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Does physician experience influence the interpretability of focused echocardiography images performed by a pocket device?

Overview of attention for article published in Scandinavian Journal of Trauma, Resuscitation and Emergency Medicine, July 2015
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Title
Does physician experience influence the interpretability of focused echocardiography images performed by a pocket device?
Published in
Scandinavian Journal of Trauma, Resuscitation and Emergency Medicine, July 2015
DOI 10.1186/s13049-015-0122-2
Pubmed ID
Authors

Xavier Bobbia, Christophe Pradeilles, Pierre Géraud Claret, Camille Soullier, Patricia Wagner, Yann Bodin, Claire Roger, Guillaume Cayla, Laurent Muller, Jean Emmanuel de La Coussaye

Abstract

The use of focused cardiac ultrasound (FoCUS) in a prehospital setting is recommended. Pocket ultrasound devices (PUDs) appear to be well suited to prehospital FoCUS. The main aim of our study was to evaluate the interpretability of echocardiography performed in a prehospital setting using a PUD based on the experience of the emergency physician (EP). This was a monocentric prospective observational study. We defined experienced emergency physicians (EEPs) and novice emergency physicians (NEPs) as echocardiographers if they had performed 50 echocardiographies since their initial university training (theoretical training and at least 25 echocardiographies performed with a mentor). Each patient undergoing prehospital echocardiography with a PUD was included. Four diagnostic items based on FoCUS were analyzed: pericardial effusions (PE), right ventricular dilation (RVD), qualitative left ventricular function assessment (LVEF), and inferior vena cava compliance (IVCC). Two independent experts blindly evaluated the interpretability of each item by examining recorded video loops. If their opinions were divided, then a third expert concluded. Fourteen EPs participated: eight (57 %) EEPs and six (43 %) NEPs. Eighty-five patients were included: 34 (40 %) had an echocardiography by an NEP and 51 (60 %) by an EEP. The mean number of interpretable items by echocardiography was three [1; 4]; one [0; 2.25] in the NEP group, four [3; 4] in EEP (p < .01). The patient position was also associated with interpretable items: supine three [2; 4], "45°" three [1; 4], sitting two [1; 4] (p = .02). In multivariate analysis, only EP experience was associated with the number of interpretable items (p = .02). Interpretability by NEPs and EEPs was: 56 % vs. 96 % for LVF, 29 % vs. 98 % for PE, 26 % vs. 92 % for RVD, and 21 % vs. 67 % for IVCC (p < .01 for all). FoCUS with PUD in prehospital conditions was possible for EEPs, It is difficult and the diagnostic yield is poor for NEPs.

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Mendeley readers

The data shown below were compiled from readership statistics for 56 Mendeley readers of this research output. Click here to see the associated Mendeley record.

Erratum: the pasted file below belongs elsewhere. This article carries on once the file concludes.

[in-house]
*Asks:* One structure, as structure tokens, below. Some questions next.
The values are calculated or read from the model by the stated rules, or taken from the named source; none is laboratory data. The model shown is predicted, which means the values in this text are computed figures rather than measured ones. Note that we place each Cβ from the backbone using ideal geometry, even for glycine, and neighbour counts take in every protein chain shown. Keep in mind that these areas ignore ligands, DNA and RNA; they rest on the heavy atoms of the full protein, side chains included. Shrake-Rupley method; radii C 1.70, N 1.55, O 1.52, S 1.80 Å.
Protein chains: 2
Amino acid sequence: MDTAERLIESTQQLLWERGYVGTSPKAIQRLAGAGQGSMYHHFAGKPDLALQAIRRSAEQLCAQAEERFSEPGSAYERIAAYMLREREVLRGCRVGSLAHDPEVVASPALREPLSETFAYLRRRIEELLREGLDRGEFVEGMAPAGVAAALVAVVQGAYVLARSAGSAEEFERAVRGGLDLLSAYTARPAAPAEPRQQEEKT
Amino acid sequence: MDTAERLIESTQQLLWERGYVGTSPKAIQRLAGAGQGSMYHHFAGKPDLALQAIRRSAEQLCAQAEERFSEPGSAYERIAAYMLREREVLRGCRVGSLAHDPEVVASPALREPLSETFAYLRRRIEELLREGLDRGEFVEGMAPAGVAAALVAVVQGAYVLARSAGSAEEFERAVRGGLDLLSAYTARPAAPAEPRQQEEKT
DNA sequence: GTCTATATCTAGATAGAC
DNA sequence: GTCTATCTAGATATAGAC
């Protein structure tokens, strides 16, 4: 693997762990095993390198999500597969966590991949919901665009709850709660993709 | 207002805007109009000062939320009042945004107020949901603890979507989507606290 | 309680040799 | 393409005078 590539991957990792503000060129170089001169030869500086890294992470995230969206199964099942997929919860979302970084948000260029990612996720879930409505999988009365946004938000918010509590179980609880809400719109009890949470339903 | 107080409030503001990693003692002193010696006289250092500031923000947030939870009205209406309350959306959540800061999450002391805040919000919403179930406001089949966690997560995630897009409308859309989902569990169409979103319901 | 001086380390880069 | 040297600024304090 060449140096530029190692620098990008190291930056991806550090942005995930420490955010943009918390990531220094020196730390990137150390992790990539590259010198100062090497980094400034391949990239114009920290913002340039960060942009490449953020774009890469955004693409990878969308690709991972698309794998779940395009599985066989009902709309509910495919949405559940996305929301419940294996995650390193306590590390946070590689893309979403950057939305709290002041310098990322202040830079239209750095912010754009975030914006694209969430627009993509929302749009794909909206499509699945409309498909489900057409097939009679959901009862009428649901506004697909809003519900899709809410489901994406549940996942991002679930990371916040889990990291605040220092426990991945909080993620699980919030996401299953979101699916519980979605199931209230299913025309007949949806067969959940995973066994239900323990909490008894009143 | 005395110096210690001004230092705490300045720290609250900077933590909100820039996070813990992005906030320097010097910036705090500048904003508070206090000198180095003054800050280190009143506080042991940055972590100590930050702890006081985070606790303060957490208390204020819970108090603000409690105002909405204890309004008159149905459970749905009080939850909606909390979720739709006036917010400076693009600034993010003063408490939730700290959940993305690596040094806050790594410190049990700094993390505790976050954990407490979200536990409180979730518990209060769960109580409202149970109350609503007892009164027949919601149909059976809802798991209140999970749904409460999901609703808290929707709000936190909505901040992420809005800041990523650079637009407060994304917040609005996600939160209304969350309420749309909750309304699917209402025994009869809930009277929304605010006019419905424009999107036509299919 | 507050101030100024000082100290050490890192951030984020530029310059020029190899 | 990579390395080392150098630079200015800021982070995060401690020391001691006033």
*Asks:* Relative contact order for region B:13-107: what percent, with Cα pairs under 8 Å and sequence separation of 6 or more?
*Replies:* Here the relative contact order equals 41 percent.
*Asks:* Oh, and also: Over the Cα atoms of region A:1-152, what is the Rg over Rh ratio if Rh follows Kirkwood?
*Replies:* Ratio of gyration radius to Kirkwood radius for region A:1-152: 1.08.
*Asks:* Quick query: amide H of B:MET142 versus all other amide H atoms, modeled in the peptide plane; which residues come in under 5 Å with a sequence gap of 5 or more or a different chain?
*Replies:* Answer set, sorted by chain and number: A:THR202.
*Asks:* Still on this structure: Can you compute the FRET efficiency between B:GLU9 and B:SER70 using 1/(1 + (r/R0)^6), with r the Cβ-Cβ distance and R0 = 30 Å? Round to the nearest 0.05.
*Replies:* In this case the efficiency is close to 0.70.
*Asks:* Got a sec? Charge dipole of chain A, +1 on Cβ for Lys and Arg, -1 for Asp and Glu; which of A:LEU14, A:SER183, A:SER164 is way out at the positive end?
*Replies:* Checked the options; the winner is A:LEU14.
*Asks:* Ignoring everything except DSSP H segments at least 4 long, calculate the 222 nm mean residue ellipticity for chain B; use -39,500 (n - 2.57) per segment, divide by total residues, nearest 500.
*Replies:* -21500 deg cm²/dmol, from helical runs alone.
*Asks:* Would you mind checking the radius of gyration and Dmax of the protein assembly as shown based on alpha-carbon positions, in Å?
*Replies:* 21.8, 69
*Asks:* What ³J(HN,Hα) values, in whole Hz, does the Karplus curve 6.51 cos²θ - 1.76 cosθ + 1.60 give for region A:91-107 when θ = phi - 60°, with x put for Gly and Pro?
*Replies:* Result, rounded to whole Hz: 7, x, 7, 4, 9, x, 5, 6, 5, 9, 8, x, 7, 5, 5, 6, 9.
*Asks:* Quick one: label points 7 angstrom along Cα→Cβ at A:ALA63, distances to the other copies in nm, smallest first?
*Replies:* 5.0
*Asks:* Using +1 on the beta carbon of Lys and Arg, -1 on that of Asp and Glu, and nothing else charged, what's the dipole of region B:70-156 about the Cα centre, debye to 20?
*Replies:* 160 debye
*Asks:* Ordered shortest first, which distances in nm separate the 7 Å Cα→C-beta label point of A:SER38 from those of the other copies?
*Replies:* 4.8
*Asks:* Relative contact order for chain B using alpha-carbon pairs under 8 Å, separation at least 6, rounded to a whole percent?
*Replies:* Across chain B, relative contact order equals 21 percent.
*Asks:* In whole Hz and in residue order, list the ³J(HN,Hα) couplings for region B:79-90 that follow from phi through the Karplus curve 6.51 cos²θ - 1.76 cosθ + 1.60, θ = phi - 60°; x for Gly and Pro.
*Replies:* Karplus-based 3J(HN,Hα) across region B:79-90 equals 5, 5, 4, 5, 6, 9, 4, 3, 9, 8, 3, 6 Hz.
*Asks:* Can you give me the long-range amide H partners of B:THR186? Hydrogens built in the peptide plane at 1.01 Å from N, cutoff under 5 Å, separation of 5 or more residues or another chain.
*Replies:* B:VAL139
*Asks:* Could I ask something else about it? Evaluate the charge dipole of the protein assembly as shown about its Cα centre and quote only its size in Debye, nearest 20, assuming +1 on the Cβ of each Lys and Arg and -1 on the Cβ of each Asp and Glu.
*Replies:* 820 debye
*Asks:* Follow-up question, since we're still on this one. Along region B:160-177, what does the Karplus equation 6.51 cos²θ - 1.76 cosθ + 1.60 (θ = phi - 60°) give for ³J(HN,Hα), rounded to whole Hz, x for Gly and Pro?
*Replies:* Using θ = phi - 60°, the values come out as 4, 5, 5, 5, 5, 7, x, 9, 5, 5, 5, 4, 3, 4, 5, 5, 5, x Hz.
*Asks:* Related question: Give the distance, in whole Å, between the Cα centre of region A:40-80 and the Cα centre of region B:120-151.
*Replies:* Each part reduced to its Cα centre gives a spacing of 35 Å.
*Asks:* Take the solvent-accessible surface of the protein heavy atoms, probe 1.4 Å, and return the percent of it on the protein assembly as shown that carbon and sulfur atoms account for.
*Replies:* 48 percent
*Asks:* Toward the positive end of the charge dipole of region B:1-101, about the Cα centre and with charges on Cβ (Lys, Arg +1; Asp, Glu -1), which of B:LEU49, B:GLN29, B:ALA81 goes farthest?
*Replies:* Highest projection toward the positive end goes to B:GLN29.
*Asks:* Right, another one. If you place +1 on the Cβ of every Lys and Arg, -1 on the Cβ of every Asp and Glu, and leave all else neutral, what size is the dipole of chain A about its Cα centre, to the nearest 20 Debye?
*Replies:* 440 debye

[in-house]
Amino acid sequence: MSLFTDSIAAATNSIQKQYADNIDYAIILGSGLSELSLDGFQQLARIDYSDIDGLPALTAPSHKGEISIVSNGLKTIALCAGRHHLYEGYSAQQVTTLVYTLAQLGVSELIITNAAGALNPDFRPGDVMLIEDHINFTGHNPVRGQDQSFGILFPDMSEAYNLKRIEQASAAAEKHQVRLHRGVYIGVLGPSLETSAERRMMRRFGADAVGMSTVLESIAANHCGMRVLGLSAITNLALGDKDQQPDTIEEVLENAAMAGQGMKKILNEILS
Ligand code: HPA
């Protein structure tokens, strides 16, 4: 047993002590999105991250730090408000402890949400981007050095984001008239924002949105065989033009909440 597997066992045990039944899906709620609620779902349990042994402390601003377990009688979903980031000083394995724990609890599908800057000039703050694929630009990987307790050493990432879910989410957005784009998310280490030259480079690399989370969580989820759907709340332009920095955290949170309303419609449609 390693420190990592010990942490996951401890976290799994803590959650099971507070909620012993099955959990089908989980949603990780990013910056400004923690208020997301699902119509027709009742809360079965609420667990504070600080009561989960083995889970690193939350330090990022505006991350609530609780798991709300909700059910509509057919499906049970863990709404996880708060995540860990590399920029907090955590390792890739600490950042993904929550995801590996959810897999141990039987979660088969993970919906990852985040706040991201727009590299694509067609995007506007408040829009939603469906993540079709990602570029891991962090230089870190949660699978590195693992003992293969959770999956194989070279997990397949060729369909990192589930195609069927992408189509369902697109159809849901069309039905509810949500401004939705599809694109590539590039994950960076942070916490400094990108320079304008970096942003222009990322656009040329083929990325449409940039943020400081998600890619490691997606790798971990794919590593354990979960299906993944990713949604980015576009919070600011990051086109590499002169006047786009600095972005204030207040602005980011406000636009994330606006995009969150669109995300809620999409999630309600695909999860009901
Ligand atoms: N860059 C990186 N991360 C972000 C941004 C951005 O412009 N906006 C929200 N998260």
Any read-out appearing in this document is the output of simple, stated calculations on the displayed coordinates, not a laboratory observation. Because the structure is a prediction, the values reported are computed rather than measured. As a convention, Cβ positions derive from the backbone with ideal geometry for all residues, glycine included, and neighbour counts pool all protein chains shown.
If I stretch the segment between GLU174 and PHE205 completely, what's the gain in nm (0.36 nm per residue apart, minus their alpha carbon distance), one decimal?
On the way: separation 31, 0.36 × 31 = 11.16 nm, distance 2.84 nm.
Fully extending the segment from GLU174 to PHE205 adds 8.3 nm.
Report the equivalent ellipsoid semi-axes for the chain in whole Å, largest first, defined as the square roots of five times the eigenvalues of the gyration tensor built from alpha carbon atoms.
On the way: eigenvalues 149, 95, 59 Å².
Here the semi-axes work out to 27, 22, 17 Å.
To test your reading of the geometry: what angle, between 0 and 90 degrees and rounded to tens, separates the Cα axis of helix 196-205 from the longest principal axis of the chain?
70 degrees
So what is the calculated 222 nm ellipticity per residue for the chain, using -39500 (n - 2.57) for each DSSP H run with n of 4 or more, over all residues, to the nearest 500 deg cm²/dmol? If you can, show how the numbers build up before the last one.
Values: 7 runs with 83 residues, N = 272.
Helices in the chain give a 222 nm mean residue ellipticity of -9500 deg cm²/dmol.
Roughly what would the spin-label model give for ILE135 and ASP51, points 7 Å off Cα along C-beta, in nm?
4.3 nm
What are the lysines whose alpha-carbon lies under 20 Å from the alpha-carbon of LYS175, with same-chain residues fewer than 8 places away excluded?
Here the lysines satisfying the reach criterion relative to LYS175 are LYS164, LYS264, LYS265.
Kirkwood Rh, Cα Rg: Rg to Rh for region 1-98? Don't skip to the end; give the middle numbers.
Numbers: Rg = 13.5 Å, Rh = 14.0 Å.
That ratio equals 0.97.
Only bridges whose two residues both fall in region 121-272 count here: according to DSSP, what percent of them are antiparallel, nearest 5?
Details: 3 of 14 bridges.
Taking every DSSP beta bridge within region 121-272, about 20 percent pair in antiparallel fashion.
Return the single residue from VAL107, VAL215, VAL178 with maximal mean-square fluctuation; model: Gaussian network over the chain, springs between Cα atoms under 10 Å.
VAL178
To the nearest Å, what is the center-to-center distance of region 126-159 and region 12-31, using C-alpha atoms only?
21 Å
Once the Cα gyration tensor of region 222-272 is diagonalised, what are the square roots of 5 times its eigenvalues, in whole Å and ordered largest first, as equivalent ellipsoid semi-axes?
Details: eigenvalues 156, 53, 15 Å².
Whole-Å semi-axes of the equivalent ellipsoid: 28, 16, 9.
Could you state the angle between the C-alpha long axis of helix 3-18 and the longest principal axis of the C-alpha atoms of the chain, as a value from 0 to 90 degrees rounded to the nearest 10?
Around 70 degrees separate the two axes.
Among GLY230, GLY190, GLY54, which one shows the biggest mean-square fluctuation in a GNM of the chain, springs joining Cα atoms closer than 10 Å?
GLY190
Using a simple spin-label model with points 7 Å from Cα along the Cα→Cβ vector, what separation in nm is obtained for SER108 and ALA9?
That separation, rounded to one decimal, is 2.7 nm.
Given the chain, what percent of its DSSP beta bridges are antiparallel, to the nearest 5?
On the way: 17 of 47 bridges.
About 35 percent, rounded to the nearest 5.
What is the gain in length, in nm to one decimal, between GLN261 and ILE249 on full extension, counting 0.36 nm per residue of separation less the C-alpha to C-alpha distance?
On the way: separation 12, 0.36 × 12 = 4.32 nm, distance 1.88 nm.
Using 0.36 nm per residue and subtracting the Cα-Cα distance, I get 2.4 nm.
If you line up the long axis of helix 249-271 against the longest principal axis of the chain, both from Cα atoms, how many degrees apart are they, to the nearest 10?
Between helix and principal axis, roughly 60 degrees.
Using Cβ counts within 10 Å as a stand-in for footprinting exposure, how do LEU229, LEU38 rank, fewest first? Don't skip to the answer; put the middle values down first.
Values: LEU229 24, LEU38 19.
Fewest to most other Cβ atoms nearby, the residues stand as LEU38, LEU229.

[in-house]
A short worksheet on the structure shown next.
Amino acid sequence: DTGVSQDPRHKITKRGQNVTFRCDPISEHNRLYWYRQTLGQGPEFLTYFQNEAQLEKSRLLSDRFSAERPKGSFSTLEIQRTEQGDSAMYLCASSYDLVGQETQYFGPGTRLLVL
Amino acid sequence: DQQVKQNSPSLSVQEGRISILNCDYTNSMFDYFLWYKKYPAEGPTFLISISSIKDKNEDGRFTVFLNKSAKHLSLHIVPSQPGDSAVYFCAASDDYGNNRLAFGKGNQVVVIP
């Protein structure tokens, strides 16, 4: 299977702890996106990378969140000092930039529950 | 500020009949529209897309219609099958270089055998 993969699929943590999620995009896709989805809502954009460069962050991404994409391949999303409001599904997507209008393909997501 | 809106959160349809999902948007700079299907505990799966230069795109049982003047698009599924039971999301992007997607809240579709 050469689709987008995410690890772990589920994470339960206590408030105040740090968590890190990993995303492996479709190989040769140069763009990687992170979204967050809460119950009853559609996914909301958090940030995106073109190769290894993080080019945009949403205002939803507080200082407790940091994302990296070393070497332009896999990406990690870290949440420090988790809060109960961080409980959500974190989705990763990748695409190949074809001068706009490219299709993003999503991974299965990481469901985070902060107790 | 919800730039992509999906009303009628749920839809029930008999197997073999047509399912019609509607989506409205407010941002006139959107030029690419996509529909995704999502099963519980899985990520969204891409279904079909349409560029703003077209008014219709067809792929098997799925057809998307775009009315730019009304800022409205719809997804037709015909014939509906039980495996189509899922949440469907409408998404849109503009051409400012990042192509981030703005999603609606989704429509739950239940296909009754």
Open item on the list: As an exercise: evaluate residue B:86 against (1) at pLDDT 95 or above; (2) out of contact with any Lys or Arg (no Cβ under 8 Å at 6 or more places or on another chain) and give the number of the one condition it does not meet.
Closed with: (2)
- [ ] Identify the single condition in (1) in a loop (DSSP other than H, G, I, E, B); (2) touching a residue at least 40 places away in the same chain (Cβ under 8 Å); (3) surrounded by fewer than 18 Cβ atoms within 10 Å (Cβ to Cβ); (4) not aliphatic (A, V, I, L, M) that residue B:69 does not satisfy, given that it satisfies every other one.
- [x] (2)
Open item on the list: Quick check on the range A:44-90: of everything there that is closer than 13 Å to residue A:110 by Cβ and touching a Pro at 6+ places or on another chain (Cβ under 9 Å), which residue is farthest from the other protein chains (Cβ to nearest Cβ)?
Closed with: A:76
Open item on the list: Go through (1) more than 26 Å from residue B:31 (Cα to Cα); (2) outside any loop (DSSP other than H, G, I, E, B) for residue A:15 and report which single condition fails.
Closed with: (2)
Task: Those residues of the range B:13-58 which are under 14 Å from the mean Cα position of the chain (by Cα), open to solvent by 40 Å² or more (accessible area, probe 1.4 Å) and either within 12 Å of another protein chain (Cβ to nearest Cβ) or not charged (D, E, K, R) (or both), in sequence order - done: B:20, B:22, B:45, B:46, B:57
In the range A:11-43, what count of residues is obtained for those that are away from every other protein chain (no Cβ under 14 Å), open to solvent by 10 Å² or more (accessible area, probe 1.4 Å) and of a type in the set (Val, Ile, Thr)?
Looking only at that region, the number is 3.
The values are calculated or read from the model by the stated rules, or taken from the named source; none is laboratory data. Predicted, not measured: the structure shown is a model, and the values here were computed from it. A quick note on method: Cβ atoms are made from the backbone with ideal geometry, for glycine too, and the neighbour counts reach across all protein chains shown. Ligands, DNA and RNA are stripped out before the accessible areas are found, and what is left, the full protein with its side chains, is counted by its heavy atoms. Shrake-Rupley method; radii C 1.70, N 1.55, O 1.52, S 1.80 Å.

Geographical breakdown

Country Count As %
Mexico 1 2%
United States 1 2%
Unknown 54 96%

Demographic breakdown

Readers by professional status Count As %
Researcher 11 20%
Student > Master 8 14%
Student > Postgraduate 7 13%
Unspecified 6 11%
Other 5 9%
Other 19 34%
Readers by discipline Count As %
Medicine and Dentistry 37 66%
Unspecified 10 18%
Nursing and Health Professions 4 7%
Biochemistry, Genetics and Molecular Biology 1 2%
Agricultural and Biological Sciences 1 2%
Other 3 5%

Attention Score in Context

This research output has an Altmetric Attention Score of 1. This is our high-level measure of the quality and quantity of online attention that it has received. This Attention Score, as well as the ranking and number of research outputs shown below, was calculated when the research output was last mentioned on 08 July 2015.
All research outputs
#2,829,696
of 5,328,866 outputs
Outputs from Scandinavian Journal of Trauma, Resuscitation and Emergency Medicine
#314
of 466 outputs
Outputs of similar age
#102,110
of 185,867 outputs
Outputs of similar age from Scandinavian Journal of Trauma, Resuscitation and Emergency Medicine
#20
of 27 outputs
Altmetric has tracked 5,328,866 research outputs across all sources so far. This one is in the 33rd percentile – i.e., 33% of other outputs scored the same or lower than it.
So far Altmetric has tracked 466 research outputs from this source. They receive a mean Attention Score of 4.9. This one is in the 17th percentile – i.e., 17% of its peers scored the same or lower than it.
Older research outputs will score higher simply because they've had more time to accumulate mentions. To account for age we can compare this Altmetric Attention Score to the 185,867 tracked outputs that were published within six weeks on either side of this one in any source. This one is in the 35th percentile – i.e., 35% of its contemporaries scored the same or lower than it.
We're also able to compare this research output to 27 others from the same source and published within six weeks on either side of this one. This one is in the 14th percentile – i.e., 14% of its contemporaries scored the same or lower than it.